Somewhere between showings of the indie films Trojan Eddie and Teeth today on IFC you’ll find the premiere of Bunk, a series IFC describes as “a new breed of comedy game show,” created by Ethan T. Berlin, comedy writer, performer, and one-time TNB 21 Questions interviewee. If you’ve seen Da’ Ali G Show, Crank Yankers, or Lopez Tonight, you’re already familiar with Berlin’s work. And now you can tune in to watch Berlin and other comedians (tonight’s episode also features Ben Garant and Kumail Nanjiani) compete in challenges like live puppy shaming and adding arms to the Venus de Milo. Mark my words – puppy shaming will be the new Plinko. Berlin was kind enough to answer a few questions about Bunk ahead of tonight’s debut:
Tell me if I have the premise of Bunk right: a different set of three comedians compete each episode in improv kinds of tasks for prizes and glory. Anything to add or change there?
Yes, this is correct. There’s a rotating panel of comedians, improvisers, comedic actors, and comedy writers who compete in bizarre challenges in order to win bizarre prizes … and ultimate glory!
What inspired you to create Bunk?
I was writing on a pilot for another network that was supposed to be a comedy game show. The problem was, though, that it was legally a game show that had to abide by FCC guidelines. So, most of the really funny ideas would get rejected because they didn’t fit these narrow legal rules. When it was done, I thought, “hey, what if we just made a game show that had no rules and was all about doing what we think is funniest.” I took this idea to my longtime friend and producing partner Eric Bryant, we brought in our friends including our now host Kurt [Braunohler], and started developing it.
Has the concept behind it changed much since being picked up by IFC?
Actually, not much and only in good ways. We originally produced a pilot on our own that got into the New York Television Festival. IFC saw it, liked it, and ordered a new pilot. The process of developing the new pilot was amazing. Unlike other networks that buy things they like and then slowly strip out the parts that made the show great, IFC encouraged us to keep the best parts and build onto them. The main addition that came out of this was what the contestants are playing for. It was through the IFC development process that we came up with Non-Charitable Causes, the surreal and selfish prizes that each contestant is playing for.
I saw that Braunohler was asked who his three-contestant dream-team would be for Bunk. He chose: “Bill Murray as a zombie, a talking walrus, and a sentient Cinnabon.” Your picks?
Oh, man. I wish Kurt had told me this during production. I totally know a sentient Cinnabon. I could have booked her!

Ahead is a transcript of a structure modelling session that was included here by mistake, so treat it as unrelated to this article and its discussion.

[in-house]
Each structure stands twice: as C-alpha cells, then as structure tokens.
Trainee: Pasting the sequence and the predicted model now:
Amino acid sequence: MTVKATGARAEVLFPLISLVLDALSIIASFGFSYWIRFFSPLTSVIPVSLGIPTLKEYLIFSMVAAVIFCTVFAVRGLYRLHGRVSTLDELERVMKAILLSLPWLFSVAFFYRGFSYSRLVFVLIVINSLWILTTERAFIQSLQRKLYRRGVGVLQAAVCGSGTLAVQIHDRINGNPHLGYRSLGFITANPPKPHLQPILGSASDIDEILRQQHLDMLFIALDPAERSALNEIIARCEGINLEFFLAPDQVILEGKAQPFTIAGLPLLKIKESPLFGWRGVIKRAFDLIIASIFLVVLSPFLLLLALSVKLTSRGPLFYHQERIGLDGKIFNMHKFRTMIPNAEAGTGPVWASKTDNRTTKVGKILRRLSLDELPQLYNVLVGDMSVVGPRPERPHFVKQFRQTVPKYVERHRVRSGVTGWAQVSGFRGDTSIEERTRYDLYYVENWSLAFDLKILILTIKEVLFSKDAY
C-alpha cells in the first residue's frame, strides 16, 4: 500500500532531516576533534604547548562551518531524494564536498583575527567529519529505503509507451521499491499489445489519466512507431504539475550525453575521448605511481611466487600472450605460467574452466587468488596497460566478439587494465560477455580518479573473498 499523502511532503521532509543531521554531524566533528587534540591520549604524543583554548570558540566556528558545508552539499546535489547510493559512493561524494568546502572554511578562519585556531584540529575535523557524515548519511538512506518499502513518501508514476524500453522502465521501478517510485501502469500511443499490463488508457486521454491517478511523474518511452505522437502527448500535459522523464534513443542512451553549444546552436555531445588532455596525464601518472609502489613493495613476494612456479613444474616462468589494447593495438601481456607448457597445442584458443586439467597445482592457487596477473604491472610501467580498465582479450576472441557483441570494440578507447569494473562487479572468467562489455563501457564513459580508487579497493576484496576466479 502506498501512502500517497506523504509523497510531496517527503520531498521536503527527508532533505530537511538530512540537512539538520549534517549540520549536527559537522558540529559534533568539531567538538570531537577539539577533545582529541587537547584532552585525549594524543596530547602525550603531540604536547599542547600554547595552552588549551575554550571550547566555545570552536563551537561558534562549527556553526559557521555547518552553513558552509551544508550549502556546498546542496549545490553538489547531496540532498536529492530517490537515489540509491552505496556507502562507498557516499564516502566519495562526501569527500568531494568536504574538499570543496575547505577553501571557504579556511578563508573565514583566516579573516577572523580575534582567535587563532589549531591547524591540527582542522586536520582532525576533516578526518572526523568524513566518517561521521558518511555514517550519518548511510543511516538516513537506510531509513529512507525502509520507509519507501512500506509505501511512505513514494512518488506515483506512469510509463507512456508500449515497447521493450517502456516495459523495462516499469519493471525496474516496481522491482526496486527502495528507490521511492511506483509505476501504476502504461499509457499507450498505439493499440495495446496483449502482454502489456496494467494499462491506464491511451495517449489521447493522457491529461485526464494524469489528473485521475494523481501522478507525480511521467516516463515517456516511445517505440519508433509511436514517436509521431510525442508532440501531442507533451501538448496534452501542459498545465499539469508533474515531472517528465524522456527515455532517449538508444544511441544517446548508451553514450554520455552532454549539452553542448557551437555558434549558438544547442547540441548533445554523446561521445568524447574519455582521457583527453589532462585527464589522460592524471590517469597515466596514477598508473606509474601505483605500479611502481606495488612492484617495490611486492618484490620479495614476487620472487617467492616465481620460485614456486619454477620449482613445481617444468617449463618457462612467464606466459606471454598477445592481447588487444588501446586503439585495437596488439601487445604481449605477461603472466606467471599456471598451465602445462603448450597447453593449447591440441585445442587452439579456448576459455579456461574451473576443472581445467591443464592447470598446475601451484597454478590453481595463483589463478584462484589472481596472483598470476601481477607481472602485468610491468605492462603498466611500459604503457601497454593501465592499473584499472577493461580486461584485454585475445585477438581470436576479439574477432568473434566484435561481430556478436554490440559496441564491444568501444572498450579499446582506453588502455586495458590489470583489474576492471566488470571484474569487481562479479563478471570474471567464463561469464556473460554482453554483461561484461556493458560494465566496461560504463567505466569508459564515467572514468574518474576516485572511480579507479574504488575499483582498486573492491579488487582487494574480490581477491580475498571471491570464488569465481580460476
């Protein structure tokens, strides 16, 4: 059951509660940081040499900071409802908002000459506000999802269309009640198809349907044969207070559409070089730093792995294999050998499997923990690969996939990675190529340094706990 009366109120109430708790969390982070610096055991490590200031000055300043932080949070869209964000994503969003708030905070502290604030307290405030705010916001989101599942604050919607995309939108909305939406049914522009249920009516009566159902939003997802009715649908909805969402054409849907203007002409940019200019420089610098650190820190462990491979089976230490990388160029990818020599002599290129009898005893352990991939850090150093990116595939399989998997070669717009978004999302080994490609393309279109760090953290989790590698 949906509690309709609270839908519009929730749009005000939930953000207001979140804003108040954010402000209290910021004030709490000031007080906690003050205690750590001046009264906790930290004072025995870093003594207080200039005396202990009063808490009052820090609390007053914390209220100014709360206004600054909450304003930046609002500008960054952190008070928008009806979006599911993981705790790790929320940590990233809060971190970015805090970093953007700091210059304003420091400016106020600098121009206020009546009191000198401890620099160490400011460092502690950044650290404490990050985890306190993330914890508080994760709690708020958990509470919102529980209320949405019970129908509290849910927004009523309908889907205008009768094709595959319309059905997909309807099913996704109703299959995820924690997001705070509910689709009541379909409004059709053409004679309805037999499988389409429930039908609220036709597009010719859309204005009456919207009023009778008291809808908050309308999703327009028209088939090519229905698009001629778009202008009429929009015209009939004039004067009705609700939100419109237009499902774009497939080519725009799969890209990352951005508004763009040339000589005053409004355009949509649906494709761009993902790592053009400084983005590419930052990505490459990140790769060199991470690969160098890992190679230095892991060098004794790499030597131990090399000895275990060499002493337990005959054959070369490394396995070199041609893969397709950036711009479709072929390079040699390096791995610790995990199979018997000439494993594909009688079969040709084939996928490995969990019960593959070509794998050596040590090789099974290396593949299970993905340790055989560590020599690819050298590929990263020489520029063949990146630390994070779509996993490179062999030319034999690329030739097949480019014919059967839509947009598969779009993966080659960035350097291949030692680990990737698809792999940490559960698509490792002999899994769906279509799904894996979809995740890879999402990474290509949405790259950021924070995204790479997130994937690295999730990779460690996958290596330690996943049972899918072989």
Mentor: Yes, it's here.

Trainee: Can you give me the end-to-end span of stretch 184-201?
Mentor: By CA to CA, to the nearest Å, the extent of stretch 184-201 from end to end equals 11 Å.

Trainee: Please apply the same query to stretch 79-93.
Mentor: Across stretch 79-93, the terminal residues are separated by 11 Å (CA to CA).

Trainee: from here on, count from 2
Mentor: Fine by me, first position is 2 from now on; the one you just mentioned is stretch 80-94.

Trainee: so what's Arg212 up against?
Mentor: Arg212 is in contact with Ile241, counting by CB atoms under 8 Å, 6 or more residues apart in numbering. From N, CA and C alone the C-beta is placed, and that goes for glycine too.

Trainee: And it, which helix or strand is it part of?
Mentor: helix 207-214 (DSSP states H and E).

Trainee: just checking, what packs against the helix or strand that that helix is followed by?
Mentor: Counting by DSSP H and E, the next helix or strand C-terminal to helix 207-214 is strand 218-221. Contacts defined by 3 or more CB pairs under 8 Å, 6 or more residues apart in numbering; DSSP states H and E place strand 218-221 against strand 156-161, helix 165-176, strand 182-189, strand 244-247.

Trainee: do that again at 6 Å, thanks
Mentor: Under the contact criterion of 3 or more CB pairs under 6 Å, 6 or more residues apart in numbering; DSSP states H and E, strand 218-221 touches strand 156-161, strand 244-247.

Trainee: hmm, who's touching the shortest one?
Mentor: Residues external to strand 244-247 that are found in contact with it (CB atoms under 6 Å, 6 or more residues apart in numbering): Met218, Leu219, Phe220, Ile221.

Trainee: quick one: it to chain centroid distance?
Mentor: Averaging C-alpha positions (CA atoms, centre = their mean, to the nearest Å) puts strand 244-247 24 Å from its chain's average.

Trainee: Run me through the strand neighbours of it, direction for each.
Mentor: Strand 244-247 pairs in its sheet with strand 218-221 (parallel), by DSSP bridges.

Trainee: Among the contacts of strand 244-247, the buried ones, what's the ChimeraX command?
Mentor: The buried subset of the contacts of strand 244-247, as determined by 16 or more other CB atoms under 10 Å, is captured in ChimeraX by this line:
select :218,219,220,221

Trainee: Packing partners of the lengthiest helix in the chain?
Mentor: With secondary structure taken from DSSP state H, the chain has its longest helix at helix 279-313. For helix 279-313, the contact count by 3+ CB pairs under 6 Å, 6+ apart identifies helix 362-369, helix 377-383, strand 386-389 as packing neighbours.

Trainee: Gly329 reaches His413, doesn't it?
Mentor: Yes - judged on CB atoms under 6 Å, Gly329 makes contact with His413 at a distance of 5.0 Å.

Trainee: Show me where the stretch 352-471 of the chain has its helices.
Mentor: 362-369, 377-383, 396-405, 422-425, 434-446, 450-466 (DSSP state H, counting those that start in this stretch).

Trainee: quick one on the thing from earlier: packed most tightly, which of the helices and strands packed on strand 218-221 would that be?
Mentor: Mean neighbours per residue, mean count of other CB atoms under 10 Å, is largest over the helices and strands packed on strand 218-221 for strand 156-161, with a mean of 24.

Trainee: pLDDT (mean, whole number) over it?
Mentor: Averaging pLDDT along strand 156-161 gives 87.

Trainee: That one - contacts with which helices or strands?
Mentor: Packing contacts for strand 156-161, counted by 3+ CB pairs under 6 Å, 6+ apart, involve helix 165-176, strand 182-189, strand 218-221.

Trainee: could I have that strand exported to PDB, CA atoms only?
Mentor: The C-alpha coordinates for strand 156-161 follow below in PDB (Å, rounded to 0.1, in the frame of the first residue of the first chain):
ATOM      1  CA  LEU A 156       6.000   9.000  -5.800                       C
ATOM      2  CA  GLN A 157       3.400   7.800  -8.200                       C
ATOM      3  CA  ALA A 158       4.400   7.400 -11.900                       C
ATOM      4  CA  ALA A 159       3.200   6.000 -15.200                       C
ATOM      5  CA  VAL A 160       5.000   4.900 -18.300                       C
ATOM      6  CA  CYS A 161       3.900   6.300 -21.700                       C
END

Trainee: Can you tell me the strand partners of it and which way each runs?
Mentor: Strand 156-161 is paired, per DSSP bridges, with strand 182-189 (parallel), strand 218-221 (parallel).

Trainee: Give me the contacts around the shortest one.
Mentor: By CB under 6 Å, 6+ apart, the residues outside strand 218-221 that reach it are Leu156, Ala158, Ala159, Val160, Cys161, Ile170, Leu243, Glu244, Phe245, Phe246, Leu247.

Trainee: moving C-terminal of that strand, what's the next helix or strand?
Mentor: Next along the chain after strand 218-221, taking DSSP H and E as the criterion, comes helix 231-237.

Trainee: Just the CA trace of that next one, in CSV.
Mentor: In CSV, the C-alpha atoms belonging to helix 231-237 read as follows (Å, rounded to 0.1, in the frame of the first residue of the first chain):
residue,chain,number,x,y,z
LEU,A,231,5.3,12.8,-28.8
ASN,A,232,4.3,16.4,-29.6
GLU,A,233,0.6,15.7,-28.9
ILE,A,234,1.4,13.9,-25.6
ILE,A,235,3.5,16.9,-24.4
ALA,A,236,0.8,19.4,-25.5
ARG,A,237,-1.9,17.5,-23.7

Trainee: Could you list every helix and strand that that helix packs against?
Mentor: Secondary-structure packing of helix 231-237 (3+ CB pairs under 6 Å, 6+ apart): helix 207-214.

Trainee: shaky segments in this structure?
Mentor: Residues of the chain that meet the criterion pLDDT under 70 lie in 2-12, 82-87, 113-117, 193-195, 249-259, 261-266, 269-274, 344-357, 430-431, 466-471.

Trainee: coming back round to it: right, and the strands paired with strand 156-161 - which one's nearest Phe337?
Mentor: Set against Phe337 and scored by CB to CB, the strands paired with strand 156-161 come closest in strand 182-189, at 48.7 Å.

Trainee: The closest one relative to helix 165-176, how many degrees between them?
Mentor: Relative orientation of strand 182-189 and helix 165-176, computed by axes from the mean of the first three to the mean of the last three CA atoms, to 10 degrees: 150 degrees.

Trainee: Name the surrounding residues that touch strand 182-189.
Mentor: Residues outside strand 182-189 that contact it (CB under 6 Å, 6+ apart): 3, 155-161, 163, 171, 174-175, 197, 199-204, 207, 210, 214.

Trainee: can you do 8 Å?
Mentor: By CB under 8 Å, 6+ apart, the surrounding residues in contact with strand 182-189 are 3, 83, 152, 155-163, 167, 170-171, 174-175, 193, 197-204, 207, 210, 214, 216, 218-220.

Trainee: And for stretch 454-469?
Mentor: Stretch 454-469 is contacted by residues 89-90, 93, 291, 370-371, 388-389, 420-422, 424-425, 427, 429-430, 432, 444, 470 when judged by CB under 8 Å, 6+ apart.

Other than that, I’d love a centaur. I’ve always had a soft spot for their plight.
I’m a little excited to find out what a “surreal prize” is on the show because I’m thinking melting watches.
Ha. Yeah, melting watches would be great. Unlike on other game shows where contestants play for prizes that anyone would actually want, our contestants play for bizarre and usually impossible to deliver Non-Charitable Causes. For example, in one episode I’m playing for my long-ago divorced parents to remarry. My “parents” are in the studio and they’ve agreed to remarry if I win. Other contestants play to get probed by an alien, to be laid off by their boss so they can get unemployment, or to have a trustworthy member of society provide them with an alibi.
And your dream prize for your dream contestant would be …?
Hmmm … I guess a centaur would be tired of people not knowing what centaurs were, so he’d be playing for a PR agency to create a promotional campaign to bring centaurs to the forefront of our consciousness.
So, you compete in the premiere episode. I’ll include the clip “I Saw the Sign” so our readers can see a little preview of you in action:
I have to say, your sign is the most practical. Any commentary on this particular clip?
That’s awesome! Thanks. And yeah, you’ve always got to look out for women who are going to blame you. I’d say my main commentary is that as a player these magnet challenges always felt the scariest. You just hope that there are images in your pile that you can make some sense of … and then when the challenge actually begins it’s just panic and bullshit time. Panic to put something on the board and then figure out some sort of bullshit that makes sense of it. That’s one of my favorite parts of playing the game in general … justifying. “Okay, I was just forced to blurt something out. Now, let’s see how we can all make sense of it.”
Bunk premieres June 8 on IFC at 10:30 ET.